I didn’t find much love for the sleek little birds among my fellow farmers. Some of them don’t care for their nesting and the resultant droppings. I actually leave openings in a couple sheds for the swallows. I’m willing to trade scraping a little bird poop for the bugs consumed and aerial show on summer nights.
Other birds make appearances but don’t take up permanent residence: blue jays, cardinals, owls, hummingbirds. Various woodpeckers hang out for a while. The most striking are bald eagles who have begun visiting a few times a year. They soar in circles above the farm site, likely looking for some critter-dinner down below. Occasionally an eagle will rest atop one of the highest branches in the grove. In my mind I thank them for their consecration upon our homeplace.
You may have seen the recent analysis done by scientists that reported the dispiriting news that North America has seen a decline in bird numbers of 30% since 1970. There are 2.9 billion fewer birds in our skies than 50 years ago. The greatest decline has been in prairie populations. In the bad news was that nugget that gave me pause. Those prairies are what lie beneath our farm, both in history and in soil.
When I was a kid, I remember walking out the driveway to get the mail, or whatever it is kids do. There were telephone and electric lines coming into the place back then. Almost without fail, there was a meadowlark up on those lines singing its trill, sharp melody. Meadowlarks are prairie birds. The ones I heard were likely descendants of populations that had been there thousands of years.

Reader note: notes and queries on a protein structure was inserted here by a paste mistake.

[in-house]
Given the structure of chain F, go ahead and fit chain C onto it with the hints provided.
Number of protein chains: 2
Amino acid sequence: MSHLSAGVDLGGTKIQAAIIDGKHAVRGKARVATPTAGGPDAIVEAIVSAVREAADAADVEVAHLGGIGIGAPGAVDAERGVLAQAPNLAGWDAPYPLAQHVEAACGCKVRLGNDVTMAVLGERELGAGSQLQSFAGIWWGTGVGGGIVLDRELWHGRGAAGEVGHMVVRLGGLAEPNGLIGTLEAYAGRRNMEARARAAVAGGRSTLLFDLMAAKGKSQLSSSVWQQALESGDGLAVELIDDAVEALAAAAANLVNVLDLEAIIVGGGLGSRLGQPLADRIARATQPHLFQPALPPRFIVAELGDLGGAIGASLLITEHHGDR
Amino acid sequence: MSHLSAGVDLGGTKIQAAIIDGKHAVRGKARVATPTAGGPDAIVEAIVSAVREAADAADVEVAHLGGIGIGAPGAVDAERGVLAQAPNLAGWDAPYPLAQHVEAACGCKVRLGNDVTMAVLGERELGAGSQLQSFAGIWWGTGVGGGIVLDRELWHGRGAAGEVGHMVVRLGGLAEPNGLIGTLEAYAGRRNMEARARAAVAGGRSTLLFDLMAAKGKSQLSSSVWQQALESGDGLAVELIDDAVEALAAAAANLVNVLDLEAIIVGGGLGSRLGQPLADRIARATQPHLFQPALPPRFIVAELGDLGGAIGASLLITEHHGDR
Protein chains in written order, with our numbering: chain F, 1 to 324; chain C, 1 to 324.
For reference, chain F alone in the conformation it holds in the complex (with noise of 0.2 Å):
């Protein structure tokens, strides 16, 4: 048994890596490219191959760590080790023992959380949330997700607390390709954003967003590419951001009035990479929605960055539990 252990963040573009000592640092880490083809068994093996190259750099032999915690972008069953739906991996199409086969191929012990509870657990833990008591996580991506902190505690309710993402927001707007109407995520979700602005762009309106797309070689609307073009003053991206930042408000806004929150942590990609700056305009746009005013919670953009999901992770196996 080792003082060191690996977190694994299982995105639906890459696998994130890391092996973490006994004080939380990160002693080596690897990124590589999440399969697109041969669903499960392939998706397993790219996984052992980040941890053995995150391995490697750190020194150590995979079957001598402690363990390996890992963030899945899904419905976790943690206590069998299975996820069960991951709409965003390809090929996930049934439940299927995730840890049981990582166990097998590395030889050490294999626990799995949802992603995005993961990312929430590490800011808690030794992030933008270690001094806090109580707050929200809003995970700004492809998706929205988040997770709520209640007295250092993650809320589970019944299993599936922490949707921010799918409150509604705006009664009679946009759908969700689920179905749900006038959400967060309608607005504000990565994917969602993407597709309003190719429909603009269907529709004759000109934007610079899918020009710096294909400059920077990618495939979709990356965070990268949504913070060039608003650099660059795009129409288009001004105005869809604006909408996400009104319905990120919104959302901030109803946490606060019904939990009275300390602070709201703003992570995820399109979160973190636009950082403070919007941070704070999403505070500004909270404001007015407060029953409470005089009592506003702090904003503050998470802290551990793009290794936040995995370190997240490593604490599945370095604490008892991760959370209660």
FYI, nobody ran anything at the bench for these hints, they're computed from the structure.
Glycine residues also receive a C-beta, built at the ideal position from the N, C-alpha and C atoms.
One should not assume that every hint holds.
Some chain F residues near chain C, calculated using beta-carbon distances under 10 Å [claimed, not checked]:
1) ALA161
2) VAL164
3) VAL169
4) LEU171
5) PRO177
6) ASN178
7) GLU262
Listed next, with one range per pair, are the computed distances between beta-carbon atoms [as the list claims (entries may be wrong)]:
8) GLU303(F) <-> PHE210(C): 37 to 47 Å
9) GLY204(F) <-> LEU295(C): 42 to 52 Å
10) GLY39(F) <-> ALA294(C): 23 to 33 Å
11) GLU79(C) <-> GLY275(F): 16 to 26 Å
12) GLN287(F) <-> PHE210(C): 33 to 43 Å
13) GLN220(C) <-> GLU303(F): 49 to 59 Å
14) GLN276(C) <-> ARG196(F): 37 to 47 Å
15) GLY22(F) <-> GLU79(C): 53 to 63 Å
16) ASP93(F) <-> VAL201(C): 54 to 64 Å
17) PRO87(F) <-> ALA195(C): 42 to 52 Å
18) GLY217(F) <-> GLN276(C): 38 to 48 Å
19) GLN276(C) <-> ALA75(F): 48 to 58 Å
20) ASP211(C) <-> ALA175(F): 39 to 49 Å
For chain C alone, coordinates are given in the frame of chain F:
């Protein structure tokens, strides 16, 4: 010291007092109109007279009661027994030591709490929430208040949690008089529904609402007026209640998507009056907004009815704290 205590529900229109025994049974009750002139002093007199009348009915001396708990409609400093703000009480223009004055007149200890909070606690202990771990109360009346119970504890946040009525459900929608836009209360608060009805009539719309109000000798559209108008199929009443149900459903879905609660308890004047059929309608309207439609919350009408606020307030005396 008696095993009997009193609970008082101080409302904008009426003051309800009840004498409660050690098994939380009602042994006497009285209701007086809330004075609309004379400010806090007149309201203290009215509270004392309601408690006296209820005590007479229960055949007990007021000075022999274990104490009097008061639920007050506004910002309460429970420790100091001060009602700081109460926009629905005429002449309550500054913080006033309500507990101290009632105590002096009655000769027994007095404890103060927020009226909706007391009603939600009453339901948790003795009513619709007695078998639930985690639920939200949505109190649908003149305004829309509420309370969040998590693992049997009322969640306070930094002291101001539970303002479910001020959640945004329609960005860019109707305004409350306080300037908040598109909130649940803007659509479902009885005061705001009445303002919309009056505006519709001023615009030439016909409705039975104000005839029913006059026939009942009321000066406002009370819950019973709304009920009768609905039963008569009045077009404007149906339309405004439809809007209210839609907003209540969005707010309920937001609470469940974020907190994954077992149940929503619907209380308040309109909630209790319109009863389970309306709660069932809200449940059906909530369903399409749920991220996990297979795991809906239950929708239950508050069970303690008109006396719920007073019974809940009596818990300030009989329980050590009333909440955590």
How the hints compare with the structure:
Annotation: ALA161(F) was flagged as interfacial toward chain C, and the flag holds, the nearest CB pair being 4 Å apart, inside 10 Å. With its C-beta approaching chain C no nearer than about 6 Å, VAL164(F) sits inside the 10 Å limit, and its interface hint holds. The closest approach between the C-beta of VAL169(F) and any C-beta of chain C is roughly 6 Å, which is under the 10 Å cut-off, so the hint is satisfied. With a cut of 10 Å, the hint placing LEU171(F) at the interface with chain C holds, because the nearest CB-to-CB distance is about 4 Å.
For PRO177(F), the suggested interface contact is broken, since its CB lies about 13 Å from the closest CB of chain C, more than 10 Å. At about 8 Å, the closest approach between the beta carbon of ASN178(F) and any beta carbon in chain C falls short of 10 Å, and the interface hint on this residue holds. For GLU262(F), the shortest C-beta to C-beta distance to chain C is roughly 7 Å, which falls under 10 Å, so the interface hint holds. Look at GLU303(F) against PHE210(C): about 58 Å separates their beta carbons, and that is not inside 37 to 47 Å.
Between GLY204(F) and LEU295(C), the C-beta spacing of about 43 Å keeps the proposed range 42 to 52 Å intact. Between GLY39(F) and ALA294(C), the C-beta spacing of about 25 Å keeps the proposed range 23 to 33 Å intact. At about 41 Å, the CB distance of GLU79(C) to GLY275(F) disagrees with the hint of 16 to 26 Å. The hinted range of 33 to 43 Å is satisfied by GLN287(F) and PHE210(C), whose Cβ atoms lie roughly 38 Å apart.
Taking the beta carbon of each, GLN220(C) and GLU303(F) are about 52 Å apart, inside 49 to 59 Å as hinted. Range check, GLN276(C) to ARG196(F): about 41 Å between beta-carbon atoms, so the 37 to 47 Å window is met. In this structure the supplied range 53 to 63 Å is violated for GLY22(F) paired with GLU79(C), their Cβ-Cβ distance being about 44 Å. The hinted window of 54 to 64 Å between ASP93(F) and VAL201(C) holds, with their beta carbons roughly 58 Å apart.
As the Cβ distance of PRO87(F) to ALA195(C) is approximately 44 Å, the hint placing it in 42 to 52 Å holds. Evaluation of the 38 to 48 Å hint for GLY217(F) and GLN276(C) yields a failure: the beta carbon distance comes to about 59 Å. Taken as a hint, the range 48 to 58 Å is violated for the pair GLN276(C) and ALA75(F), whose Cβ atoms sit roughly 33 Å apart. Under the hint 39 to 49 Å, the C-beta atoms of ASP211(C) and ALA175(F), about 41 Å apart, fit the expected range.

Back then, probably a fourth of the land around me was in some type of pasture. Another fourth of the land may have been in grains, alfalfa, or some other hay crop. There were still a couple untiled sloughs within the section. In many ways, it was a reasonable facsimile of the prairies that had been there a century before.
Now, it is corn and soybeans. I haven’t seen or heard a meadowlark in decades.
I suppose there are several ways I can react to the news about the dramatic decline in bird population in most of our lifetimes. One is to shrug and ignore it and go about my day. Many will.
Another would be to assume the scientists are wrong. I could look at all the blackbirds flying across Highway 14 and say, “Look at all the birds. How can there be fewer birds?” It is like saying it is cold outside, so there is no global warming. These imply that I am smarter than the scientists, and it is no doubt comforting to feel that way.
Or I can feel a bit of sadness and wonder if there is anything I can do to help. I grow corn and soybeans, so pointing fingers does no good. Maybe I can find a small way or two to use less of the world up. Maybe I can make my farm a little less unfriendly to nature. Maybe I can consider the Earth when I am choosing among candidates for office.
In Genesis 1:20, God says, “Let the water teem with living creatures, and let birds fly above the earth across the vault of the sky.” God put them there. It is on us to keep them there.